I ended up in the hospital after fainting from lack of blood. I now take two Tylenol twice a day. Not as good but it is much safer.[/QUOTE]

I've never had a problem. You might have been taking more than me. I only take it once or twice a week since that is all of the long rides I normally go on (150-250). My biggest concern is the possibility of NASAIDS causing ringing in my ears. I have had ringing in my ears since before I have ever heard of Naproxen that the hearing aids I will get next week won't help.
 

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The older you get the more you need to stretch the lumbar region . As you age the disc deteriorate and compress causing pain , when you stretch those surrounding muscles out it relieves the pressure on the disc . I have blown disc in 2-3 3-4 and 4-5 and arthritis in 5 , a good stretch always helps me . Also , don't over do it physically hire some one to do the heavy lifting manual labor . In other words don't do things that will cause unnecessary inflammation . Before you get on your bike stretch one side of your lumbar / upper hip muscle out then the other side . This works much better than trying to stretch both sides at the same time , like a touch you toes stretch . Statistically if you live long enough 90% of us will wind up with lower back pain , part of the price of walking upright .

TheReaper!
 

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A warning about taking Naproxen. There is no denying, it does work however after using it for awhile I noticed my bowels turned black.
Naproxen works great with sharp pains, but don't take it too often and take as little of it as you can get away with. It's not for every day use.
 

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I have a throttle lock and certainly helps. But some days just brutal pain and twinging like nailing your funny bone.
Just have to grit my teeth and it eventually fades.
 

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Huh. My doc recommended an Aleve a day if I needed it for the arthritis (he takes one a day himself). I guess I have black stool to watch for some day, lol.
 

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Wish I could find something that worked for my hands.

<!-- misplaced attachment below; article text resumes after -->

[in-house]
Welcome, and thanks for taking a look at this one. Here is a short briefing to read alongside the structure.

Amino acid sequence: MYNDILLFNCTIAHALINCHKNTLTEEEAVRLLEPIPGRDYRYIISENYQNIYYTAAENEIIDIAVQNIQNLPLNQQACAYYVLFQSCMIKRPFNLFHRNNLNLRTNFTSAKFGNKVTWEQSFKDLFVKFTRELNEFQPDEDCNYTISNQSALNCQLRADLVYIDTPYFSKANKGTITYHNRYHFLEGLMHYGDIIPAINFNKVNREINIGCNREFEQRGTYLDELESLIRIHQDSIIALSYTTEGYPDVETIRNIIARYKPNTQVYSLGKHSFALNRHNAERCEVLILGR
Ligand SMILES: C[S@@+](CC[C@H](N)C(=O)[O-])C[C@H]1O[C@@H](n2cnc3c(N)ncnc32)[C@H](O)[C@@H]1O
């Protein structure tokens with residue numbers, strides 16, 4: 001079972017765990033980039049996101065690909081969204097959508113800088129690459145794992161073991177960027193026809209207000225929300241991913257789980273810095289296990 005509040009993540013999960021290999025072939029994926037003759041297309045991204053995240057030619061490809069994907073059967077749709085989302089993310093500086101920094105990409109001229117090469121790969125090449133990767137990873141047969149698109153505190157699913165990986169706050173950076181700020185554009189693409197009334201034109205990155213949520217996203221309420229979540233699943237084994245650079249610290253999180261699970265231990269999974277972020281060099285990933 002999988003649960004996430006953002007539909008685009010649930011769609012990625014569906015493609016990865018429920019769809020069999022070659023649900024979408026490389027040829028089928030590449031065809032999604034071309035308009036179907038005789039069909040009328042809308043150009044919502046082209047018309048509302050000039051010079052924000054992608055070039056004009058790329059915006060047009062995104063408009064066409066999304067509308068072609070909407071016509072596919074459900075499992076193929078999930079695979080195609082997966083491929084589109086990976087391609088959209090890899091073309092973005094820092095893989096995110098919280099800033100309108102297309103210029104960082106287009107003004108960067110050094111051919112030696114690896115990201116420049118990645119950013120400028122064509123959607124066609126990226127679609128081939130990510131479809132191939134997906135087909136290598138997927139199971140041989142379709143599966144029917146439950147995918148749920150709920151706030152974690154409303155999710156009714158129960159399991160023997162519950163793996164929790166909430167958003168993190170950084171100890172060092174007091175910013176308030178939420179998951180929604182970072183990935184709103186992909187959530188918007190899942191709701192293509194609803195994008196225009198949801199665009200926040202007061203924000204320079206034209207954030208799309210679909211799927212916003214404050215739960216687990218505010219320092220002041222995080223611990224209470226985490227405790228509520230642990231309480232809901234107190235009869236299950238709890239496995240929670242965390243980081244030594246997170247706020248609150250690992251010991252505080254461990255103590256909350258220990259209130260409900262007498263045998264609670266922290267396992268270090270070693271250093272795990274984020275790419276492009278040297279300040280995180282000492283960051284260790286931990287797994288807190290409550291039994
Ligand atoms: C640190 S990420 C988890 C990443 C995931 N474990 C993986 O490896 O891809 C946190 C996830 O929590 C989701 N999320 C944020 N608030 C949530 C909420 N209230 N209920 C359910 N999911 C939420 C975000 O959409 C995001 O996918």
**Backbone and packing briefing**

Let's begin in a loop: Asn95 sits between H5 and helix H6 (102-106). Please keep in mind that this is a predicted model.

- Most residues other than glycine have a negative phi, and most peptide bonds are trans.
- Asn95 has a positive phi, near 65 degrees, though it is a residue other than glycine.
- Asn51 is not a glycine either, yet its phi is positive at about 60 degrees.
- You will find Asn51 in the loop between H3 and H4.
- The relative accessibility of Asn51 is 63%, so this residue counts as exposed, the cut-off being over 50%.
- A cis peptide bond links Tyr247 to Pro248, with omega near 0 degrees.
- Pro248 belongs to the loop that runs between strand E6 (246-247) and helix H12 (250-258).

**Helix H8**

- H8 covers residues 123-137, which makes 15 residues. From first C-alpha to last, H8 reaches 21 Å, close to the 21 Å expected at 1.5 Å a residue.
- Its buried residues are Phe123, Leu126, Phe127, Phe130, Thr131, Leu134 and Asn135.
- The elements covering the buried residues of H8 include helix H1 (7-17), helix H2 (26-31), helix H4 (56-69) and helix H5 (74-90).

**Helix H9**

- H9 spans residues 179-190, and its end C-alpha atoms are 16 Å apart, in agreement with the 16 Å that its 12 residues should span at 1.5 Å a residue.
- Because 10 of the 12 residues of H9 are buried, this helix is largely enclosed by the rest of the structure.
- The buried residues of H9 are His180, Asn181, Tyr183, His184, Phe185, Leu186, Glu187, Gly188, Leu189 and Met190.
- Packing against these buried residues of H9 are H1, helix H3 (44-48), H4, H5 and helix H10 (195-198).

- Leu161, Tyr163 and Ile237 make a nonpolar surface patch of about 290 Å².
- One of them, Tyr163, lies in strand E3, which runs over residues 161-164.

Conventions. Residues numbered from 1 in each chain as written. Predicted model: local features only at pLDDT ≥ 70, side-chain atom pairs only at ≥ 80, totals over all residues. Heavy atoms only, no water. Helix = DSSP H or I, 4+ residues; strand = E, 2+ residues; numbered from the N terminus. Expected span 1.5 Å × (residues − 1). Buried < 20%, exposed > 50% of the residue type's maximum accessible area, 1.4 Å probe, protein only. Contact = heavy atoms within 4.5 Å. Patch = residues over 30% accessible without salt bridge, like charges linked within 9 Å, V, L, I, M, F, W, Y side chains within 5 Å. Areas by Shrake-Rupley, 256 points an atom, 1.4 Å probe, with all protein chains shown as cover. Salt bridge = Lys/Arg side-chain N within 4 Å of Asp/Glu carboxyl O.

Back aches a bit when I ride the ST1100 but I think that's related to the wider leg position.

Hands just kill me for anywhere from 1/2 hour to 2 hours - then fine the rest of the day. :confused:

At least with the Burgman one hand gets pretty well rested - gets annoying with the two clutched bikes:(
I use a throttle rocker saves my hand and its only around ten dollars http://www.motorcycle-superstore.co...er?SiteID=SLI|Throttle Control&WT.MC_ID=10010
 

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Huh. My doc recommended an Aleve a day if I needed it for the arthritis (he takes one a day himself). I guess I have black stool to watch for some day, lol.
I know some folks who have done the same thing for years without problem. Every medicine works differently on different people. I break out in hives and itch with any medicine that has codone in the name.
 

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I had surgery a few years ago - fused vertebrae - the back is pretty good now compared to what it used to be like. I recently fitted a Jac Vinson backrest and it is terrific. I have also had the hand problems but have finally fixed all of that with a combination of the throttle rocker (wrist rest) and the throttle lock as well. In my opinion you need them both for best results. So now, back pain and wrist and hand pain on long rides is a thing of the past! Just as well - I have an 8,000 Km trip planned in a few weeks!
 

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I dont take quack medicines i find the old natural way the best and effective. I just take each mornig a 1/4 teaspoon of cayenne pepper in small glass warm water. no pain, normal blood pressure and many other improvements to my health. Fortunately it cannot be patented, otherwise it would cost and arm and a leg.
 

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Discussion Starter #20
I have a ruined back from osteoporosis secondary to my Rheumatoid Arthritis. I have a Back-A-Line and it works to help but I also have a back brace from Mueller that I bought from Amazon that helps even more. I also have found that taking frequent breaks and stretching my back when off the bike helps. My Bearcat backrest probably helps as much as anything else. Lastly, taking my meds as prescribed by my docs for my RA pain makes riding tolerable for me. Sometimes it just comes down to how bad do I want to ride, and how comfortable do I want to be.

Another thing I tried that seems to help is wearing suspenders. I have never wore suspenders before but I must admit it takes the pressure off the kidneys and lower back.When you're riding and bouncing on your bike the stomach seems to get bigger and your belt gets tighter. It's a cheap fix. Try it. It might work for you.